"The First Nucleic Acid Base Analogue FRET-pair - A Versatile Tool for Detailed Biochemical and Nanotechnological Structure Information"
Department of Chemical and Biological Engineering
Chalmers University of Technology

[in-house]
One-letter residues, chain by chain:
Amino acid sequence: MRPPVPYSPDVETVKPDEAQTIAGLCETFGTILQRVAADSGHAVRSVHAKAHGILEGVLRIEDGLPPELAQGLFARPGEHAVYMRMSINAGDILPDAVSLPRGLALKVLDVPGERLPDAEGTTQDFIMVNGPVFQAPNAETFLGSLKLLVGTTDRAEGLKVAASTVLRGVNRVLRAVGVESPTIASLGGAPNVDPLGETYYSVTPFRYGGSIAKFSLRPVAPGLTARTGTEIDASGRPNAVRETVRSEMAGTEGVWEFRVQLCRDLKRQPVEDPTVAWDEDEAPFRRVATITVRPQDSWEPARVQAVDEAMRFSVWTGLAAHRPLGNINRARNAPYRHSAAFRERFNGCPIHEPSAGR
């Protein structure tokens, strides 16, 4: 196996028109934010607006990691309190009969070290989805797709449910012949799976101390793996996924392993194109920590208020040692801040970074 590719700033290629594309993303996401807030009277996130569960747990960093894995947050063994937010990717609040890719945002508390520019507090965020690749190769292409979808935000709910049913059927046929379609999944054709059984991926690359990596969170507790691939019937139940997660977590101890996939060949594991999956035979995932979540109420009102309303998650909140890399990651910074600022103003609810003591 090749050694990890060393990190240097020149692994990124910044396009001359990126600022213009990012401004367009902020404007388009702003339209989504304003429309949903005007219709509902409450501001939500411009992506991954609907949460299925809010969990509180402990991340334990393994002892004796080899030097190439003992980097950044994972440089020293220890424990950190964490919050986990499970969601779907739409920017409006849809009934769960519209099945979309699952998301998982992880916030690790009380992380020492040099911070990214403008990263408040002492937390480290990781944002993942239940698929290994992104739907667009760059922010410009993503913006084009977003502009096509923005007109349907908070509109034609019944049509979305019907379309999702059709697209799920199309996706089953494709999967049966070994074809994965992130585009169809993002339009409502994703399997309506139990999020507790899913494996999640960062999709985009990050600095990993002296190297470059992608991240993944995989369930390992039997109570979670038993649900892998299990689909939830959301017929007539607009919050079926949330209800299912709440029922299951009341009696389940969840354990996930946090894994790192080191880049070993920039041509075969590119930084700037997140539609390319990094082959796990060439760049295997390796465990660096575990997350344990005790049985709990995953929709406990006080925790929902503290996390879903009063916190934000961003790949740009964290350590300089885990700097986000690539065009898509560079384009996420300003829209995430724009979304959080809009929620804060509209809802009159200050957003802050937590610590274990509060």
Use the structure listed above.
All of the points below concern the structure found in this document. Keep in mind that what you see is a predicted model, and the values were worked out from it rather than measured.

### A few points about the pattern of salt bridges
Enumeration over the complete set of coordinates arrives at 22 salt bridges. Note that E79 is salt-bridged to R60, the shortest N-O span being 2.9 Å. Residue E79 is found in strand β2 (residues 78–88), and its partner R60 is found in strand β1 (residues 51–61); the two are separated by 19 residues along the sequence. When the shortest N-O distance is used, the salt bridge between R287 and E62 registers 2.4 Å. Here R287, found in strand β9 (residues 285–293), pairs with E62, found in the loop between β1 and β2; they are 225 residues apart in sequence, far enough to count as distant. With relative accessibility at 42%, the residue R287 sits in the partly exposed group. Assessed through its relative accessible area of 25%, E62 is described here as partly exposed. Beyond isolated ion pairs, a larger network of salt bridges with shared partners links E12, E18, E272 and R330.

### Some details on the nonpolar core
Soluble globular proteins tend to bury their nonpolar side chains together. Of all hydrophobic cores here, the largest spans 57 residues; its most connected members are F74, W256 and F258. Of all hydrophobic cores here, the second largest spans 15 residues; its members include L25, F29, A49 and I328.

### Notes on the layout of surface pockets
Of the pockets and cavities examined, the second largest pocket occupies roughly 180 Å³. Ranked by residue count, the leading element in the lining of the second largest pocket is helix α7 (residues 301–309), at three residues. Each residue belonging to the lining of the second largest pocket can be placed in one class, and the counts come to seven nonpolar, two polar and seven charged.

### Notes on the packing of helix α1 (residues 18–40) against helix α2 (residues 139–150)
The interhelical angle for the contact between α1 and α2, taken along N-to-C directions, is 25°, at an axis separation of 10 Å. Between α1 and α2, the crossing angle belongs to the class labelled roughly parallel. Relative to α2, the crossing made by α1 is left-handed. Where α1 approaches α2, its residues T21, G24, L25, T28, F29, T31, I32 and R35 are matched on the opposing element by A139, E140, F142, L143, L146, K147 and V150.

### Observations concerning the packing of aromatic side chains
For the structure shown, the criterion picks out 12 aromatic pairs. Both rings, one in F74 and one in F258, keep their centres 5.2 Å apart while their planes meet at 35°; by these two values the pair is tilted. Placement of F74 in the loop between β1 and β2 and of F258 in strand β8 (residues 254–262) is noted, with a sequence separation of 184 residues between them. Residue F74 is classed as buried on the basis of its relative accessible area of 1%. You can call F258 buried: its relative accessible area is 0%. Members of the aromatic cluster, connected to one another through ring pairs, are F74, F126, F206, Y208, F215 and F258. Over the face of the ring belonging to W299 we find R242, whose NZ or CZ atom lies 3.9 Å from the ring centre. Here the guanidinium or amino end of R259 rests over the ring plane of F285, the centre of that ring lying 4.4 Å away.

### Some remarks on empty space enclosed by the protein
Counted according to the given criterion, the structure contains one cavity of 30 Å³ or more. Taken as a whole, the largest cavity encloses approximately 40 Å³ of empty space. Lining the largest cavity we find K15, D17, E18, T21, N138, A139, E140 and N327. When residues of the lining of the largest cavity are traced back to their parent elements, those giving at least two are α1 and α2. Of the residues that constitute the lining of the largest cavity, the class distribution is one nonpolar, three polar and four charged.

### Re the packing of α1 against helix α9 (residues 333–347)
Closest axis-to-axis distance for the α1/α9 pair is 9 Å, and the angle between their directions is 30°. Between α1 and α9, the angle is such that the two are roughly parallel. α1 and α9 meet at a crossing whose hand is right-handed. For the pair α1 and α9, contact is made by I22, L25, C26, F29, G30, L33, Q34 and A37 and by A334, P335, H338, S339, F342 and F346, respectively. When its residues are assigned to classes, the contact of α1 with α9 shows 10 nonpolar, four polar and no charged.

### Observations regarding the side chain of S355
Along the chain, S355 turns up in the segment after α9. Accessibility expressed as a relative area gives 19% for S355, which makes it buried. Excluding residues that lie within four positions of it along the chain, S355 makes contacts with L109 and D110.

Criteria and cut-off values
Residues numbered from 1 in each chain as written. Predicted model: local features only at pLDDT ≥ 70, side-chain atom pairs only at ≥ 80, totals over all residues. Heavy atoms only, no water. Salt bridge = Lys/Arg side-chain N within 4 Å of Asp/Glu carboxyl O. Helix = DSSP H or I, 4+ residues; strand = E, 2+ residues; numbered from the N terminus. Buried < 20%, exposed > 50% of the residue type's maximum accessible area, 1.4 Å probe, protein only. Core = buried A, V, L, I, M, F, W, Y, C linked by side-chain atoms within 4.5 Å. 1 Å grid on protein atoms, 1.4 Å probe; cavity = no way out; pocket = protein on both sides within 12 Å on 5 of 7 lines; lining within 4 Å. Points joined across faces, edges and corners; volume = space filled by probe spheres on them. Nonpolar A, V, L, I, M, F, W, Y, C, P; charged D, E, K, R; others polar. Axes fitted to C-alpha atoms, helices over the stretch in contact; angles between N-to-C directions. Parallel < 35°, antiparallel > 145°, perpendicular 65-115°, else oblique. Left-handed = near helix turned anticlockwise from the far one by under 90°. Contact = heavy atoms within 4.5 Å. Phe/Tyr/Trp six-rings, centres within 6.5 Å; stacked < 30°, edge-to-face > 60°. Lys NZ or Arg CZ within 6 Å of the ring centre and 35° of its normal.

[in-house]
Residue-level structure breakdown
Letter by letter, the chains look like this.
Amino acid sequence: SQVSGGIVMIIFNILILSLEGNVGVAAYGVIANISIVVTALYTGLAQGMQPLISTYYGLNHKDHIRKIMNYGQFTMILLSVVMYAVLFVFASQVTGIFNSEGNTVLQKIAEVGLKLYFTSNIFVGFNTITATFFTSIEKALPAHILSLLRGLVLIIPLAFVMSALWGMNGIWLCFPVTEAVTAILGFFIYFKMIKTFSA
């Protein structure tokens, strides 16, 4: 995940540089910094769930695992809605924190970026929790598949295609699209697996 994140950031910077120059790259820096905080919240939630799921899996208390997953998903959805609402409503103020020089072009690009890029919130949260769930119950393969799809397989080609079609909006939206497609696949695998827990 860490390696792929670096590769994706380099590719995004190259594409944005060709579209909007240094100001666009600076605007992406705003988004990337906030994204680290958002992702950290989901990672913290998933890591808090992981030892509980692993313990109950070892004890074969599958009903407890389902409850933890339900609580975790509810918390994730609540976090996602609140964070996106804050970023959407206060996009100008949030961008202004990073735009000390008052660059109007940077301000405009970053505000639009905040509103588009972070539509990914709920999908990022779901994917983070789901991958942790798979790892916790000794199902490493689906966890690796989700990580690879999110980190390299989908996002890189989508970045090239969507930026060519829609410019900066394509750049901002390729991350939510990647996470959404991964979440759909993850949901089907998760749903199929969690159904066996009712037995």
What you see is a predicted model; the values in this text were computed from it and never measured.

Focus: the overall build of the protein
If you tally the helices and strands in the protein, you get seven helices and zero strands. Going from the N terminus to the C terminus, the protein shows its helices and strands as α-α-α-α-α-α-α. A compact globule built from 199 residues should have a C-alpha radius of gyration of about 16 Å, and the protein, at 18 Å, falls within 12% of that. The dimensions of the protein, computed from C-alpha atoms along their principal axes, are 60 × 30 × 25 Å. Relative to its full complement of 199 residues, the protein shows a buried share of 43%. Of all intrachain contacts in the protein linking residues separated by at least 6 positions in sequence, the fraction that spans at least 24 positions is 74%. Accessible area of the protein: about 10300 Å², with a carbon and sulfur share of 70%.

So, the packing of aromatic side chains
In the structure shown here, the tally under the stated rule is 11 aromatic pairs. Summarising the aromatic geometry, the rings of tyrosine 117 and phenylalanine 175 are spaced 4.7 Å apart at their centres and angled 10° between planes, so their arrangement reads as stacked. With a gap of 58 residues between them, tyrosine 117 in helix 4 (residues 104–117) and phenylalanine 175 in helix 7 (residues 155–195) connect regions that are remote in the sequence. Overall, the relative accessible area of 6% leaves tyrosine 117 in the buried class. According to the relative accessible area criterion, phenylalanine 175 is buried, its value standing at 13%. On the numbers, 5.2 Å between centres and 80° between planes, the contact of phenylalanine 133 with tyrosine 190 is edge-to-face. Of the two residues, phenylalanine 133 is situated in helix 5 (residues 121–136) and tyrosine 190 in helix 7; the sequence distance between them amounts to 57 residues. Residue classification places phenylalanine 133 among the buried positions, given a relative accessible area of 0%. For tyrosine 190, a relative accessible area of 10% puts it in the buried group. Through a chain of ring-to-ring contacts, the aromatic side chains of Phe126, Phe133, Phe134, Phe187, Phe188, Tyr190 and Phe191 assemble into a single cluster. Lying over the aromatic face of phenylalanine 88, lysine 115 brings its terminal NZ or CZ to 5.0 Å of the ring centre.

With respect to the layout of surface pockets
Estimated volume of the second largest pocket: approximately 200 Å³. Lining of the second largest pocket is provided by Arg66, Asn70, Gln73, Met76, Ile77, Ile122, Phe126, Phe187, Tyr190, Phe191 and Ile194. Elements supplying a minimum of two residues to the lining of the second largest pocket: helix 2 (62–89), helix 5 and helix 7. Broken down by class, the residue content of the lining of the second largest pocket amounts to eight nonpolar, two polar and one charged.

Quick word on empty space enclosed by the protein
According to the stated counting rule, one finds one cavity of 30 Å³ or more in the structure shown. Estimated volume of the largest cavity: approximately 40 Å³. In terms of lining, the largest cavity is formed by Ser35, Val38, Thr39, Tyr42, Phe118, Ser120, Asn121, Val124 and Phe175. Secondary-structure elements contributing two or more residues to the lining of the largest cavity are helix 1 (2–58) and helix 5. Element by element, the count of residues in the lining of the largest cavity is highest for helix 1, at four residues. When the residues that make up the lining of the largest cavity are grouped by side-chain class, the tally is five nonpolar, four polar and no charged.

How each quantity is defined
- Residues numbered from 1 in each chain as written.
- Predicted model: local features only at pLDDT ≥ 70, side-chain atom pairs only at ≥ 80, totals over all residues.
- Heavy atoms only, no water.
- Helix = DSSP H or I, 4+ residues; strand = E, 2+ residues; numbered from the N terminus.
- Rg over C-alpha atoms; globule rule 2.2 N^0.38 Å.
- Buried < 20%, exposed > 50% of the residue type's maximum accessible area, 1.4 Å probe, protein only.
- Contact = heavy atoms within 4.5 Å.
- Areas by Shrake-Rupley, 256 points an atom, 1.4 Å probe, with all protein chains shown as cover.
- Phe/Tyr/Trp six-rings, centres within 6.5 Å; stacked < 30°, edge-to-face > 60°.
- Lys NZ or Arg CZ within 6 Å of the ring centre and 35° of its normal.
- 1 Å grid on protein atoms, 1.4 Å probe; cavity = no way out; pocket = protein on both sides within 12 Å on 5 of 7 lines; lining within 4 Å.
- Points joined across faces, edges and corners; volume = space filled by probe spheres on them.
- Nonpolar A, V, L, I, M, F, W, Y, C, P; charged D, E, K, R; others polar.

Utilization of the tricyclic cytosine family, tC, tCO, and tCnitro, is increasing in biophysical, biochemical and (bio)nanotechnological applications. The two fluorescent members of this family, tC and tCO, both have unique properties among fluorescent base analogues.[2,3] In contrast to other reported fluorescent base analogues tC and tCO have i) a high quantum yield (ff»0.2) in duplex that is virtually insensitive to neighboring base combination, ii) an emission after incorporation into DNA characterized by a single exponential decay in double stranded systems, and iii) an average luminescence brightness of the base analogues in duplex DNA being the highest reported so far and up to 50 times higher than the most commonly used fluorescent base analogue 2-aminopurine.[2,3] Furthermore, the three tricyclic base analogues all form stable base pairs with guanine and give minimal perturbations to the native structure of DNA. Importantly, we have recently utilized tCO as a donor and developed tCnitro as an acceptor and, thus, established the first nucleic acid base analogue förster resonance energy transfer (FRET)-pair. The FRET-pair successfully monitors distances covering up to more than one turn of the DNA duplex and, more importantly, we have shown that the rigid stacking of the two base analogues, and consequently excellent control of the their exact positions, results in very distinct FRET changes as the number of bases separating the donor and acceptor is varied. As a consequence of the exact positioning, this FRET-pair enables very high control of the orientation factor (k2). A set of DNA strands containing the FRET-pair at wisely chosen locations will, thus, make it possible to accurately distinguish distance- from orientation-changes using FRET. In combination with the good base analogue properties this points towards detailed studies of the inherent dynamics of nucleic acid structures. Moreover, the placement of FRET-pair chromophores inside the base stack will be a great advantage in studies where other (biomacro)molecules interact with the nucleic acid.
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